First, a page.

A small five pence piece dropped through the concrete blocks covering Edith’s Well doesn’t make a sound as it falls deep into the ground.
“Make a wish,” instructs Ann Freeman, who worked for years to get Bristol’s oldest source of drinking water uncovered and commemorated.
Located between Edna’s Kitchen kiosk and St Peter’s Church in Castle Park, the ancient well would have been walked over by scores of people every day, most completely unaware of its existence underneath the paved slab that hid it from view.
Now transformed into an attractive feature, a new information board and engraved stone mark Edith’s Well. The source that is believed to have once provided water for the first Saxon settlement of Brigstowe is to be officially unveiled on Tuesday.
This is the same day as the official opening of the new memorial garden to honour the Sikh soldiers who were wounded or lost their lives in the First and Second World Wars.
“Nobody knew it was there,” explains Ann.
“I thought it was not right that people should walk over it and never know it was there. It has been a bit of a five-year obsession and once I started telling people about it, they just thought it was an exciting idea.”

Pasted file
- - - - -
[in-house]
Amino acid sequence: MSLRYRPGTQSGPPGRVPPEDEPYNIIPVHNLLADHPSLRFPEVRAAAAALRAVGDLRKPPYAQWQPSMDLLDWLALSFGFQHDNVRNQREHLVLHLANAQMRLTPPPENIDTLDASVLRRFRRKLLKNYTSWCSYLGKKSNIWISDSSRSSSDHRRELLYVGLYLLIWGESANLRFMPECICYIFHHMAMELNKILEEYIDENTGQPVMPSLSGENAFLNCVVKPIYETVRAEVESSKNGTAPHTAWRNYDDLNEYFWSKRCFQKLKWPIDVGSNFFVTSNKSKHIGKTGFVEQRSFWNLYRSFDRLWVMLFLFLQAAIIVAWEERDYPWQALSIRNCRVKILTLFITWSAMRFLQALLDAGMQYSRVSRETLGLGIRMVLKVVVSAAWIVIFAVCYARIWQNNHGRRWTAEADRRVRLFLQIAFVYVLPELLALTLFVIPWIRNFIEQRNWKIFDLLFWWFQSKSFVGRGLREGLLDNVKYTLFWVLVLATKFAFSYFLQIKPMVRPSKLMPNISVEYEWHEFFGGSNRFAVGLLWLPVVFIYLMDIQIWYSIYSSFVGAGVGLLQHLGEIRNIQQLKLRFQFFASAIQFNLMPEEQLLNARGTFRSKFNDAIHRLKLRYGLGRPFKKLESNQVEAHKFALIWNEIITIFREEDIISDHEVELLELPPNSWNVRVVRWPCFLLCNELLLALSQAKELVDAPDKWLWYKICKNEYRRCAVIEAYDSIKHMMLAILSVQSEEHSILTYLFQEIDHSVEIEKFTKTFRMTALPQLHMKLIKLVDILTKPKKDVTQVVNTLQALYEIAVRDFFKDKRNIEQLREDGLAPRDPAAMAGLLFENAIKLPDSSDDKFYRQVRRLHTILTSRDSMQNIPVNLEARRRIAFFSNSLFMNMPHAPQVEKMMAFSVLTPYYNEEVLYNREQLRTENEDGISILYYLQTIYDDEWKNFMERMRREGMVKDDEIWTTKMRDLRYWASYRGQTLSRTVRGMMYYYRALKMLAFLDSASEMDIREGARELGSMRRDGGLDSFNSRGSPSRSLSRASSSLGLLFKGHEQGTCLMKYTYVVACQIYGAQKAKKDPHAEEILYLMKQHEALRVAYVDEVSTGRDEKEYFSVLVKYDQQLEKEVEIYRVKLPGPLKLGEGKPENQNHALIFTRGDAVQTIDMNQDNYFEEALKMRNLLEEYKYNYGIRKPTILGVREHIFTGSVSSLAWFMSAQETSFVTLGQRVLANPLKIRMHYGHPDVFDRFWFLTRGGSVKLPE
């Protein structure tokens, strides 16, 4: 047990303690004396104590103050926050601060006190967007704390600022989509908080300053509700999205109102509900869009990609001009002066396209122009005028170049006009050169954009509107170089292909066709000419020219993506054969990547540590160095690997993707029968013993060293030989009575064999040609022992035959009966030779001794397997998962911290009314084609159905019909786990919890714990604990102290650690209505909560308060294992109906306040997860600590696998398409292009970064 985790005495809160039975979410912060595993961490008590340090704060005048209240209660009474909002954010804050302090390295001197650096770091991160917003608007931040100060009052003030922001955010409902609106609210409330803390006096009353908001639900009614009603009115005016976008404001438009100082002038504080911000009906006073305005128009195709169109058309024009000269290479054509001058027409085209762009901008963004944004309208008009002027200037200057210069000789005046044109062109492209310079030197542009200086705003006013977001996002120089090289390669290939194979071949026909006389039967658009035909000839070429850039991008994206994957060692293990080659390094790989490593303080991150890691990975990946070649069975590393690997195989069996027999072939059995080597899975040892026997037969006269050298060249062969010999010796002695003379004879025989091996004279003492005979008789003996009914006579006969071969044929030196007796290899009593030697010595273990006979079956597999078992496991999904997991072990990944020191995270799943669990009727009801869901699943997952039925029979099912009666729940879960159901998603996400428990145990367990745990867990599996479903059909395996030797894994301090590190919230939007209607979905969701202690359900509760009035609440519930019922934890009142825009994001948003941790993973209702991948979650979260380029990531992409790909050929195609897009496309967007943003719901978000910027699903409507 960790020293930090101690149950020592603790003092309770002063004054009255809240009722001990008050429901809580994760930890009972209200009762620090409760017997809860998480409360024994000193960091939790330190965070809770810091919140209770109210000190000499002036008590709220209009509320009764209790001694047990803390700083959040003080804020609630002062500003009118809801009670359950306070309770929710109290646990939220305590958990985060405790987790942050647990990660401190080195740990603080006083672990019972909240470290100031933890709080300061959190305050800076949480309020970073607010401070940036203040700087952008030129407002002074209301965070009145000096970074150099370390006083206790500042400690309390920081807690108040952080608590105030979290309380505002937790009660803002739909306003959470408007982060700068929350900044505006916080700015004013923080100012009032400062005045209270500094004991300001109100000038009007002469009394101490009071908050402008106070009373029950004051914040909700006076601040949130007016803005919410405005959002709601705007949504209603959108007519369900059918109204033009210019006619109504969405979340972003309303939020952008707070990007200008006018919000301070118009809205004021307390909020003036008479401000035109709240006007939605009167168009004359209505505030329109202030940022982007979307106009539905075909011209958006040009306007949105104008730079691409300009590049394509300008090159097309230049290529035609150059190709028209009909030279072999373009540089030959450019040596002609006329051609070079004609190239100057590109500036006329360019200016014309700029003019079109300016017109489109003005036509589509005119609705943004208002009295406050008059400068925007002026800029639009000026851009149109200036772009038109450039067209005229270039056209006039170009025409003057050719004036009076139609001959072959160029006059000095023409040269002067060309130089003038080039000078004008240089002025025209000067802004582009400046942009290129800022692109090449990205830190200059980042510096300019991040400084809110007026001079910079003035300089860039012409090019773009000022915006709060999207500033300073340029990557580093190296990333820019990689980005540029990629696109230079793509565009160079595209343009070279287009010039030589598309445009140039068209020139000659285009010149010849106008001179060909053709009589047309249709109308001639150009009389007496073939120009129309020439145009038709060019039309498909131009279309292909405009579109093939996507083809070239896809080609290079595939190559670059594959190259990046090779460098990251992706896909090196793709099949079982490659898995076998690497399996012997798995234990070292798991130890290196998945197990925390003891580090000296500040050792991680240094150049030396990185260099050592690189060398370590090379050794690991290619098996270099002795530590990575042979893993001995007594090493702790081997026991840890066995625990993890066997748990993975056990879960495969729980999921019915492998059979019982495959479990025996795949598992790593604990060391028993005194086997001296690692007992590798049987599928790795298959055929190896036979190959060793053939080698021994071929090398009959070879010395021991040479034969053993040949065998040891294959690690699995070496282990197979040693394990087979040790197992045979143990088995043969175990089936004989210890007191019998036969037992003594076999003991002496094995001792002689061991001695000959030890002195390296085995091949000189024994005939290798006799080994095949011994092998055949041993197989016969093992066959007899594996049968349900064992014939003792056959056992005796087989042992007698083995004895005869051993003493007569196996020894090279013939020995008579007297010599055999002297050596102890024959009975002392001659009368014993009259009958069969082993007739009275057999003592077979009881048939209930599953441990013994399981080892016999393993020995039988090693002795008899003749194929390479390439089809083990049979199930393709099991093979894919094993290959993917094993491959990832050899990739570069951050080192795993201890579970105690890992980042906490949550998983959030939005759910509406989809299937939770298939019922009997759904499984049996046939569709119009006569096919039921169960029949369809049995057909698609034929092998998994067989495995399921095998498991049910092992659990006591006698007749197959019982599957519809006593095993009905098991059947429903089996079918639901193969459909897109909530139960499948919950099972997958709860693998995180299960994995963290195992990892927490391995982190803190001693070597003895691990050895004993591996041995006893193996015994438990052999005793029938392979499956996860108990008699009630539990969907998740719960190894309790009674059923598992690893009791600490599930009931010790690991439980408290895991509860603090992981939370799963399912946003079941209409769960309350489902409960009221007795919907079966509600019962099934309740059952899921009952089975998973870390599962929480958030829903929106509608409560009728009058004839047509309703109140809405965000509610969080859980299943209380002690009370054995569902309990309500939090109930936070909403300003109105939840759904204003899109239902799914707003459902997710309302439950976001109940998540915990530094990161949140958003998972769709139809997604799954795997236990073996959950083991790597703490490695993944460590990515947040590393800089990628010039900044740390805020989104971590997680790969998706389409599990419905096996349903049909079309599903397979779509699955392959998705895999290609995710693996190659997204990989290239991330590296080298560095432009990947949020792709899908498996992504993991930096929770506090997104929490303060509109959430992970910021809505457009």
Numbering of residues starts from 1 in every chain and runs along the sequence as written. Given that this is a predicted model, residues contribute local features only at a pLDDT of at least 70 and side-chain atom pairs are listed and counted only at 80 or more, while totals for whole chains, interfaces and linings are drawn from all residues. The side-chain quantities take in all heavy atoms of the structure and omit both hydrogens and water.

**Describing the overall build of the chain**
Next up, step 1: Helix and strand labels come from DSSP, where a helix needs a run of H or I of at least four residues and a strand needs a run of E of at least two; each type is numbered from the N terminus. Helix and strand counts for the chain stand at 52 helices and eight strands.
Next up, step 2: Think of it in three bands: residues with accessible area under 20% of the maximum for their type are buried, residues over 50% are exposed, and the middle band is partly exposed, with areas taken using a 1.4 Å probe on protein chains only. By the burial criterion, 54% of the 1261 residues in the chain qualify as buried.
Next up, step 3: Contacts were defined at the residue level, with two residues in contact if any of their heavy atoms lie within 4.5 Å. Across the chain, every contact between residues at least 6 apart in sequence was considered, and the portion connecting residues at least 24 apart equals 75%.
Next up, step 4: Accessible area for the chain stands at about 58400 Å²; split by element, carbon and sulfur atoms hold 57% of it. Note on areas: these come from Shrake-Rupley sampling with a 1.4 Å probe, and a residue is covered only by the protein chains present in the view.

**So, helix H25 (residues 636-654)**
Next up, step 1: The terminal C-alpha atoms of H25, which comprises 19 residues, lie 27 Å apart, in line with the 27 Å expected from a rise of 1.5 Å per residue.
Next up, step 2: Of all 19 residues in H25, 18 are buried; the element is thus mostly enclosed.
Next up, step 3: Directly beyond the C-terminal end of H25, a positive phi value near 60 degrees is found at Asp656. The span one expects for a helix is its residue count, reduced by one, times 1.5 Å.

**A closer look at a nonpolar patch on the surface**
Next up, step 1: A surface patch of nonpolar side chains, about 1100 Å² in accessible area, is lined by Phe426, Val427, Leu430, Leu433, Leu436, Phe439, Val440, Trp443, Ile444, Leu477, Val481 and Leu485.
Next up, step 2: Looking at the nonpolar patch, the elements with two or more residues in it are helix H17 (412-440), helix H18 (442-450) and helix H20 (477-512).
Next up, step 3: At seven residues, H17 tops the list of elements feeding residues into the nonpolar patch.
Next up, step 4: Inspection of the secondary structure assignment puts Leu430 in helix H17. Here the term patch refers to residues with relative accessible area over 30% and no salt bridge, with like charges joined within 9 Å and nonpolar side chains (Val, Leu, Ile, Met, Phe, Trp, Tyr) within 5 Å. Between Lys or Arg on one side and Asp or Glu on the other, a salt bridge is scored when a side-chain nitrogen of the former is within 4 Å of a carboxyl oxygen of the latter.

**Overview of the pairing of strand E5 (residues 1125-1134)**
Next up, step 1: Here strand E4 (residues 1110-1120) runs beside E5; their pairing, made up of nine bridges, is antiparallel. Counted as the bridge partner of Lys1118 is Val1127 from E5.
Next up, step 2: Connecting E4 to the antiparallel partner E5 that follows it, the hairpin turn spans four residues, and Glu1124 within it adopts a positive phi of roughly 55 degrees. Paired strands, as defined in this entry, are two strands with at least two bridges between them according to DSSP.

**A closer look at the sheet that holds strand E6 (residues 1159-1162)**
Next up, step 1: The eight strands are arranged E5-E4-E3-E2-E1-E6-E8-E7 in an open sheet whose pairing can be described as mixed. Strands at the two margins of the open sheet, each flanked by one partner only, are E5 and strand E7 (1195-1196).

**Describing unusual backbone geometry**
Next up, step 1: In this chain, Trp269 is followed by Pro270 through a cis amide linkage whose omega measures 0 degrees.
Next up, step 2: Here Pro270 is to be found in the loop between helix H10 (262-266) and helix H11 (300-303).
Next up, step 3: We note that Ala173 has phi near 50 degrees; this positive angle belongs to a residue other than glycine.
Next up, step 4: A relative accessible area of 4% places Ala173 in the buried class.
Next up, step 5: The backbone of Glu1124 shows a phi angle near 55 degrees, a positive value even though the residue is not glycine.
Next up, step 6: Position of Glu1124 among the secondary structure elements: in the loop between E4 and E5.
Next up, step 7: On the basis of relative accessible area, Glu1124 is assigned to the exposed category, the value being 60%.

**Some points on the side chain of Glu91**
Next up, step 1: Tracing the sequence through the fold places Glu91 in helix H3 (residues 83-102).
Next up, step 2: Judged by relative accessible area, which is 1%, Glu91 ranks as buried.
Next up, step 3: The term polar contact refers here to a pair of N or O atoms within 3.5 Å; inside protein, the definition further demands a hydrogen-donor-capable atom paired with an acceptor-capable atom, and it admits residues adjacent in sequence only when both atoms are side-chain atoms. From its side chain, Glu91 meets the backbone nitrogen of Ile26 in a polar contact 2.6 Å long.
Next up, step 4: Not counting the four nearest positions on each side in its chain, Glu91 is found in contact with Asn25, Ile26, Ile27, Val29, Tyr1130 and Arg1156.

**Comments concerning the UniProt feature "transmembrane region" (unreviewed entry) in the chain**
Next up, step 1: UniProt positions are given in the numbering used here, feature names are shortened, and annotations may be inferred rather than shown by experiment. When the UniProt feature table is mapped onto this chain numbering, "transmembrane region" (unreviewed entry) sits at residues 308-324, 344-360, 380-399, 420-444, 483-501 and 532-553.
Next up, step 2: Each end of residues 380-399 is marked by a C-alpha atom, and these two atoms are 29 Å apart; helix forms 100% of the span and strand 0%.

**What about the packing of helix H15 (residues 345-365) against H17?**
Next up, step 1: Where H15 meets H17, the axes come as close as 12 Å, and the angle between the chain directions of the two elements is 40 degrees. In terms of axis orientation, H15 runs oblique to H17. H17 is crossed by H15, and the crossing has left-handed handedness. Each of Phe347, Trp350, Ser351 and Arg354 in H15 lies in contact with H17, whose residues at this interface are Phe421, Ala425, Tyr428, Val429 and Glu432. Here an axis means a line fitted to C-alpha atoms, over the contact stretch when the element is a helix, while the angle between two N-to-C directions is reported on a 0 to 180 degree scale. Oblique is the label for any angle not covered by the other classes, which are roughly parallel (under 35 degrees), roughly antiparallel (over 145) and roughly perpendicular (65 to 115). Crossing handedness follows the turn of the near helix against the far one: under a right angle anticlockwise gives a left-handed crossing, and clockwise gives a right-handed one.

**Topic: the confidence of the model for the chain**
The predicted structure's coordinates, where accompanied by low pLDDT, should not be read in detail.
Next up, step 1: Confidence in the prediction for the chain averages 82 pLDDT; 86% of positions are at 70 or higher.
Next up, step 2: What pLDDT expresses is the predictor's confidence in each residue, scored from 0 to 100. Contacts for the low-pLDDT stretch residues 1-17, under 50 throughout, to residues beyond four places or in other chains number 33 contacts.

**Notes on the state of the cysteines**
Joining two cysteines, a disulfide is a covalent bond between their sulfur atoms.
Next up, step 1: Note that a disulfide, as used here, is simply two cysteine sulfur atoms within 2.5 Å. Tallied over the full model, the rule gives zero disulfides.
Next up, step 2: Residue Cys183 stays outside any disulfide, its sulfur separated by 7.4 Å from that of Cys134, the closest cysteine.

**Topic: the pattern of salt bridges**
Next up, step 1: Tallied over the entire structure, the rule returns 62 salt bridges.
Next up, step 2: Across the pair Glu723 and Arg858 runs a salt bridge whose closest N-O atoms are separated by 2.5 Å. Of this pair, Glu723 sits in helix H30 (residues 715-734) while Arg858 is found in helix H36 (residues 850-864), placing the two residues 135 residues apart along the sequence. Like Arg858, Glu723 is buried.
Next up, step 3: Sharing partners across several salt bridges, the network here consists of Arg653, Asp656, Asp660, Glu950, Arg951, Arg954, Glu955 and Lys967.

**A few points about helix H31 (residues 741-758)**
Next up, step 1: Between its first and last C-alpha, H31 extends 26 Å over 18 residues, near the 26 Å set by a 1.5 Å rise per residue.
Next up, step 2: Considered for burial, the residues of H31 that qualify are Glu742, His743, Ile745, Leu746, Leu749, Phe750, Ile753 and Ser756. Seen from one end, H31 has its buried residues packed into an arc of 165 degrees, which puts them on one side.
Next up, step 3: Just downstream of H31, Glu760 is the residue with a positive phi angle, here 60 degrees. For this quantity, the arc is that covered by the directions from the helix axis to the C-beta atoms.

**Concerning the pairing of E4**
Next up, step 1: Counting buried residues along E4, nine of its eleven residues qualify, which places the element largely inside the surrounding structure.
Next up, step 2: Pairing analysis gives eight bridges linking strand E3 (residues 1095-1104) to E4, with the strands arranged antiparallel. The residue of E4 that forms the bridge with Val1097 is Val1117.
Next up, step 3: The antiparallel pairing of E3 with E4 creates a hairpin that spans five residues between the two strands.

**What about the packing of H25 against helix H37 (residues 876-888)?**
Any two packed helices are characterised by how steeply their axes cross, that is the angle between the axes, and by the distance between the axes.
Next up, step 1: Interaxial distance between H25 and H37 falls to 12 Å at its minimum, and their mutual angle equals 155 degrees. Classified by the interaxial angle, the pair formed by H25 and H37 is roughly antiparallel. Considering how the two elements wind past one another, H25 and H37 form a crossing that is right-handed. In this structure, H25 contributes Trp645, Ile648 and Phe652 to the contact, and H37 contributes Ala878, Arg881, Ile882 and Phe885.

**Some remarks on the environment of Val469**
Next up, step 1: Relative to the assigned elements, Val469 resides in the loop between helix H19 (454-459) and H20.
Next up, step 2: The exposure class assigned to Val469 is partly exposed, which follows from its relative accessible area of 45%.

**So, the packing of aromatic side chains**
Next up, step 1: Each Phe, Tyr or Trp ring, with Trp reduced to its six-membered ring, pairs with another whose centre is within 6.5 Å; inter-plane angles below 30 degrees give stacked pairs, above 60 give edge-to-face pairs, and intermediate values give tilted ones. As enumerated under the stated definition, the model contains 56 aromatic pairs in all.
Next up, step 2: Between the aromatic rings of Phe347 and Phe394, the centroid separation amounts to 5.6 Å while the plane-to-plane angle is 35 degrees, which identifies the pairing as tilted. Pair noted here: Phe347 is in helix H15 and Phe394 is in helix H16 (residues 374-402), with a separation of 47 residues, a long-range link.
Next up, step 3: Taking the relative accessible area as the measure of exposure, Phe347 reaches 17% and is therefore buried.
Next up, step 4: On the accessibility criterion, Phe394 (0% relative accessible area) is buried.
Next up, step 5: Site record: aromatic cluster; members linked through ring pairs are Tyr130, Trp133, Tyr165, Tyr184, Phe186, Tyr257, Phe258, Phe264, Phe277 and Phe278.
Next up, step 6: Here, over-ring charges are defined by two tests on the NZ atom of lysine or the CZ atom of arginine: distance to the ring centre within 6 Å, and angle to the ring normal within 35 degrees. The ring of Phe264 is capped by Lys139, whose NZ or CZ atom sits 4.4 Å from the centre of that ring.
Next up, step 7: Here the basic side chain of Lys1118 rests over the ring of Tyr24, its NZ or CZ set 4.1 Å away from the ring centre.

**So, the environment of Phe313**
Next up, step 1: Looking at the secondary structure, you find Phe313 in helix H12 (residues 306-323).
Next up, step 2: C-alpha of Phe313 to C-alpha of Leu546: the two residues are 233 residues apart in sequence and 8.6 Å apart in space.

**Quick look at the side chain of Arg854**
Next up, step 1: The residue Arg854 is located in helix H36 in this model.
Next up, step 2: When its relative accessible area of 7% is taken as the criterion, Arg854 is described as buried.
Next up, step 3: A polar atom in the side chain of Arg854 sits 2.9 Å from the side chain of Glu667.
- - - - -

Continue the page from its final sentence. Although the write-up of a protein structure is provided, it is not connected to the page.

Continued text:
The well, which was once capped with a stone edifice or ‘castelette’ and cross to prevent contamination, was dedicated to Saint Edith of Wilton. It is said that healing miracles happened after Edith’s death.
In 1633, the well was rebuilt, walled around and a pump installed. It then became known as St Peter’s Cross. A Mr Hoare of Stourhead removed the cross and pump and installed them on his newly landscaped estate on 1763.
In 1887, the well was eventually closed by the health authority because it became contaminated with sewage.
Ann believes the uncovering of the historic water source will lift energies across the park.
Bristol City Council commissioned the work as part of Castle Park Improvement Plan.
A council spokesperson says: “As we are improving surfacing across St Peter’s Square we have taken the opportunity to also make a feature of the well.”